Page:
Many exchanges take place outside class but often spill over to the school day, and administrators are required to notify parents when they do. But many parents question why schools are getting involved in what they see as ordinary conflicts between children, Murphy said.

“When it affects the school day, we have to get involved,’’ Murphy said. “But not all of the parents are on board.’’

Still, Murphy believes the law has spurred “hyper-vigilance’’ toward bullying that will help protect vulnerable students. Teachers and administrators now seek to resolve disputes at their core, she said, rather than smooth things over for the short term.

“In the past, we may have left it at that,’’ she said. “Now we’re going deeper.’’

The law was passed in May 2010 amid outrage over the death of Phoebe Prince, a South Hadley teenager who committed suicide after being mocked and threatened by other students.

Widely viewed as rigorous and a potential blueprint for other states, the law stopped short of establishing bullying as a crime. But it required schools to adopt a prevention plan, notify parents of the children involved in incidents, and discipline students appropriately.

Elizabeth Englander, a bullying specialist at Bridgewater State University, said the disparities in what school districts are reporting are not surprising, given the uncertainty over what constitutes bullying.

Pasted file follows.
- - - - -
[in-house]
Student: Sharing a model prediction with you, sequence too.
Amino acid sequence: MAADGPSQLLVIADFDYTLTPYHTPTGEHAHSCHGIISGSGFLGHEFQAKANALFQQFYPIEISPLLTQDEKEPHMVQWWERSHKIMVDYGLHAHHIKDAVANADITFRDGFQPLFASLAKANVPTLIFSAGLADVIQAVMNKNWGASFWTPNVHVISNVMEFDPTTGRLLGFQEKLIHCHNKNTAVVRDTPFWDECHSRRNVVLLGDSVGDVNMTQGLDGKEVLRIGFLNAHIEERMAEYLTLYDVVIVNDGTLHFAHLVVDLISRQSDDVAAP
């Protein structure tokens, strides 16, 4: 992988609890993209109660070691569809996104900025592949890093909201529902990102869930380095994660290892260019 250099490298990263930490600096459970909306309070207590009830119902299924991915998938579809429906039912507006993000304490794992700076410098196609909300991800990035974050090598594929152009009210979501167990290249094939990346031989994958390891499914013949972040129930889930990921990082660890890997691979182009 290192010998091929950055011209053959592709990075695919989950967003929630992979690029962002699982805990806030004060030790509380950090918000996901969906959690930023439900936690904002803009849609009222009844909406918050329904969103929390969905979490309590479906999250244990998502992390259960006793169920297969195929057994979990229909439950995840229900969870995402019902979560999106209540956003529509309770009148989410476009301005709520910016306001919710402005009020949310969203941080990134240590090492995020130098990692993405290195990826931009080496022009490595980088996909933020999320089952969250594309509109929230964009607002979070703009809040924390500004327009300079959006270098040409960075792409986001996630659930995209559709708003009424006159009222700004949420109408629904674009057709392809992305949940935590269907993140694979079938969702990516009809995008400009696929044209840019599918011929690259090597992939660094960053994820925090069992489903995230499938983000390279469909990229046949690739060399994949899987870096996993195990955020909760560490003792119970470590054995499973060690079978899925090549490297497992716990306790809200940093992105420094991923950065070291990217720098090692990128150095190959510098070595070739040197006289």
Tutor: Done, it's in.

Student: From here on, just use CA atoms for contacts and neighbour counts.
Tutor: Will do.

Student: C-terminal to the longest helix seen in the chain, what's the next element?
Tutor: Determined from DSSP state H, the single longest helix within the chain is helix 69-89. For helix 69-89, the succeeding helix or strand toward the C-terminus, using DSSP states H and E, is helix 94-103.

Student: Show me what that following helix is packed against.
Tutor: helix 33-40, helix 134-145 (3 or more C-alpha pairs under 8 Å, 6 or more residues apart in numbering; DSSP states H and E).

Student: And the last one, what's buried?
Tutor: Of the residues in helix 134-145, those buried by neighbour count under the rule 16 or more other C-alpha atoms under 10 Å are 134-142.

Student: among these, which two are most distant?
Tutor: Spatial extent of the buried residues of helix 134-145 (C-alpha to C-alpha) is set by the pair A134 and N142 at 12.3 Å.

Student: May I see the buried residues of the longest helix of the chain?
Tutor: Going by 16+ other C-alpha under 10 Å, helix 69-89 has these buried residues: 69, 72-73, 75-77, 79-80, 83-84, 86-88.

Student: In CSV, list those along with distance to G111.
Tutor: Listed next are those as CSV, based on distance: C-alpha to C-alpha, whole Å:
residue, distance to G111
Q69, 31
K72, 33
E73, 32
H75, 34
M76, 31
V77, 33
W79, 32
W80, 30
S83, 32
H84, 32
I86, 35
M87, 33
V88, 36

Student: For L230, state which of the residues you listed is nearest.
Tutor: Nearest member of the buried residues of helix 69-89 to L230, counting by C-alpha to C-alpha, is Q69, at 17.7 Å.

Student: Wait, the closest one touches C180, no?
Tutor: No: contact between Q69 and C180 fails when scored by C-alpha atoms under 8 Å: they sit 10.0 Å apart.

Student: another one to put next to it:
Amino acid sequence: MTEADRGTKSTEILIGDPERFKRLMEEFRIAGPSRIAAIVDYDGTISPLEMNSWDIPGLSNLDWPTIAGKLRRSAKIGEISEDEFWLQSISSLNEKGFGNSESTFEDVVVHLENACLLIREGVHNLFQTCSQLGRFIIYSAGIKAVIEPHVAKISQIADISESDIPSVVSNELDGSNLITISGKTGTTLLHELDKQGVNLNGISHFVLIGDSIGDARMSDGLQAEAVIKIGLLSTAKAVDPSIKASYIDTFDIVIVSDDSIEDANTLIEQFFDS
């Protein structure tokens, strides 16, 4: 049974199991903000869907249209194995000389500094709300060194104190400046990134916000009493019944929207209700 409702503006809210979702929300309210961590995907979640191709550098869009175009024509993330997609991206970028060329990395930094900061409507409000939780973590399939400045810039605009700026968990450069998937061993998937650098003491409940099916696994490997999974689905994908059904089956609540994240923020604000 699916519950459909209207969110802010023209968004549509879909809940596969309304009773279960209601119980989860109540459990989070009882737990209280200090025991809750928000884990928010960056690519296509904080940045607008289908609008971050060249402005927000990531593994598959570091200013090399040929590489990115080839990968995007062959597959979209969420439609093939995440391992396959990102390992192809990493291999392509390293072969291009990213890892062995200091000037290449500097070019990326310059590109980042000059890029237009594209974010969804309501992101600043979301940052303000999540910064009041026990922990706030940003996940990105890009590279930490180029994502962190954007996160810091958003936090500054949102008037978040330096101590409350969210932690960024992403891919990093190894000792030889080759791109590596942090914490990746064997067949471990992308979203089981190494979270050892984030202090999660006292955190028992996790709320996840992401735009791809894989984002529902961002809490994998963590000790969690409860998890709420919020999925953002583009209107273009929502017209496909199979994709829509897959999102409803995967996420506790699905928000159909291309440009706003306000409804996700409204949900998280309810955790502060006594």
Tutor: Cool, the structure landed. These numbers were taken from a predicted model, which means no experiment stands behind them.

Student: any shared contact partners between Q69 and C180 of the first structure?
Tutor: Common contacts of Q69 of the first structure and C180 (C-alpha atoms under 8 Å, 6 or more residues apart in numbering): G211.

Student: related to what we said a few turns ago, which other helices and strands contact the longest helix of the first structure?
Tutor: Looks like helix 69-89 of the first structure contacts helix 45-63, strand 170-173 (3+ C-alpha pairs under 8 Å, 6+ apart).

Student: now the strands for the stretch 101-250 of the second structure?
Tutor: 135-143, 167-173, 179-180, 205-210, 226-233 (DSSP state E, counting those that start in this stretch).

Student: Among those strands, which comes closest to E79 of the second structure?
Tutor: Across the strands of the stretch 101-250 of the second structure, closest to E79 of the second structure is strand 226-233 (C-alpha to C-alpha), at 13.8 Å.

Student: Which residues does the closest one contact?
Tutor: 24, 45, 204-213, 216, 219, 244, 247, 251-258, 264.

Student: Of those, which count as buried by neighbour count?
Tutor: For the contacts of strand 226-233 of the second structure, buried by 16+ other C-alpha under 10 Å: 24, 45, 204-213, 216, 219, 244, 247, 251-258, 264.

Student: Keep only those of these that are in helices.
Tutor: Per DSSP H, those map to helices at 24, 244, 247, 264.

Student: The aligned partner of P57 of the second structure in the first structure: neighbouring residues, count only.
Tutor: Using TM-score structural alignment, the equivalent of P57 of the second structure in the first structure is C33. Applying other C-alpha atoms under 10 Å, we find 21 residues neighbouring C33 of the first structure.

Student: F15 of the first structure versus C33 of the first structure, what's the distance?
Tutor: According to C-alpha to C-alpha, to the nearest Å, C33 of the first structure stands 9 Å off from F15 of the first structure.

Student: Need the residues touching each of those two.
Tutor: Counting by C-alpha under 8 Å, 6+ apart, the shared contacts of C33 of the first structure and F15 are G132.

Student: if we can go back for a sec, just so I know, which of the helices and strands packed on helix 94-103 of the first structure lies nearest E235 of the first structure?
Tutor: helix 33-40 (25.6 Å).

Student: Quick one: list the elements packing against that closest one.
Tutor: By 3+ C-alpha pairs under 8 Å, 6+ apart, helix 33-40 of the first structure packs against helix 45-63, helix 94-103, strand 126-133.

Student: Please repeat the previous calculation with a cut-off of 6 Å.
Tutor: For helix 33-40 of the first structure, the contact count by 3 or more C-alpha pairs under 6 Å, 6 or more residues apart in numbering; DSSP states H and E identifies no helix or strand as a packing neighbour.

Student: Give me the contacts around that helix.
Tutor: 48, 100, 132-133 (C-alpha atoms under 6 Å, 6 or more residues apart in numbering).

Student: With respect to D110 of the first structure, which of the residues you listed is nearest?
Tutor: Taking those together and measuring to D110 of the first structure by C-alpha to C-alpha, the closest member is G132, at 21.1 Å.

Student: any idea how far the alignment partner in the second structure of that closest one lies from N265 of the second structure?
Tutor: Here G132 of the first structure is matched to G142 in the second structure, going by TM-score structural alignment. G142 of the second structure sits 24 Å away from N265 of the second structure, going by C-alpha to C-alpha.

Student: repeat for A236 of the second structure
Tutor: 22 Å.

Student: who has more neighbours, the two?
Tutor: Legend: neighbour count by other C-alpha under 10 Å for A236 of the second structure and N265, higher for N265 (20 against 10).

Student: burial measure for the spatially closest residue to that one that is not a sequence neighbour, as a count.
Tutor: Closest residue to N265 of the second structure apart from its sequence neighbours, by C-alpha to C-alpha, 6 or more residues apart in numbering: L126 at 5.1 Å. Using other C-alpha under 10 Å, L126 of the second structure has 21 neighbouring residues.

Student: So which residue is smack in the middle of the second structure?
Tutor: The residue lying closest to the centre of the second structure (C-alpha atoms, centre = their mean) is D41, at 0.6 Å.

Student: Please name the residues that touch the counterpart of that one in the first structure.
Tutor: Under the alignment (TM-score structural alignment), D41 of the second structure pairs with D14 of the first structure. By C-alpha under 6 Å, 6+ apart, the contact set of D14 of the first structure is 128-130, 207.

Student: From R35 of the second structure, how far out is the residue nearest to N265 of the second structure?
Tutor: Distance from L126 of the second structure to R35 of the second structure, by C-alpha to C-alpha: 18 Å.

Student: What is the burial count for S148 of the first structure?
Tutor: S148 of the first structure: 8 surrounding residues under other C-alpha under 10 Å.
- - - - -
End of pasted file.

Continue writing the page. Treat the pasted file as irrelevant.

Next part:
“How you interpret these things is very subjective,’’ she said. “This kind of data is not very meaningful.’’

Requiring educators to report bullying cases to the state would be counterproductive, she said. Worried about public perception, educators would take pains to minimize the total, she said.

“There is so much social stigma against this behavior,’’ she said. “It’s a good reason for not keeping official numbers.’’

Instead, Englander said, schools should survey students each year to see whether antibullying efforts make a difference.

In New Bedford, district administrators have not counted bullying complaints in schools. The central office received 16 complaints during the school year, all but two from elementary and middle schools. Six of the complaints involved police.

In Worcester, the district’s school safety office has received 93 reports since January. In one-third of the cases, students were ordered to stay away from another student, either by the principal, police, or in six cases, the courts. Other students were arrested, suspended, or referred to counseling.

Of the 93 reports, more than half came from elementary schools, and 35 from high schools.

Cambridge schools reported 36 incidents. Discipline ranged from one-day, in-school suspension (five cases) to 10-day, out-of-school suspension (four cases). Two students were expelled, and criminal charges were filed in connection with one case.

In Lawrence, teachers reported 65 percent of the 240 incidents, an initial review of the data showed, while parents, students, and other staff members reported the rest. Of these 84 incidents, 46 involved texting or Internet postings. All were forwarded to police officers assigned to the schools, as were 18 other cases involving threats or physical aggression, said Superintendent Mary Lou Bergeron.

Bergeron said staff members review bullying reports monthly in an effort to head off emerging problems. This year, for example, staff members noticed a surge in cyberbullying among middle school students and asked teachers to remind students how hurtful derogatory comments can be.

“It’s constant,’’ she said, “because kids forget.’’

Peter Schworm can be reached at schworm@globe.com.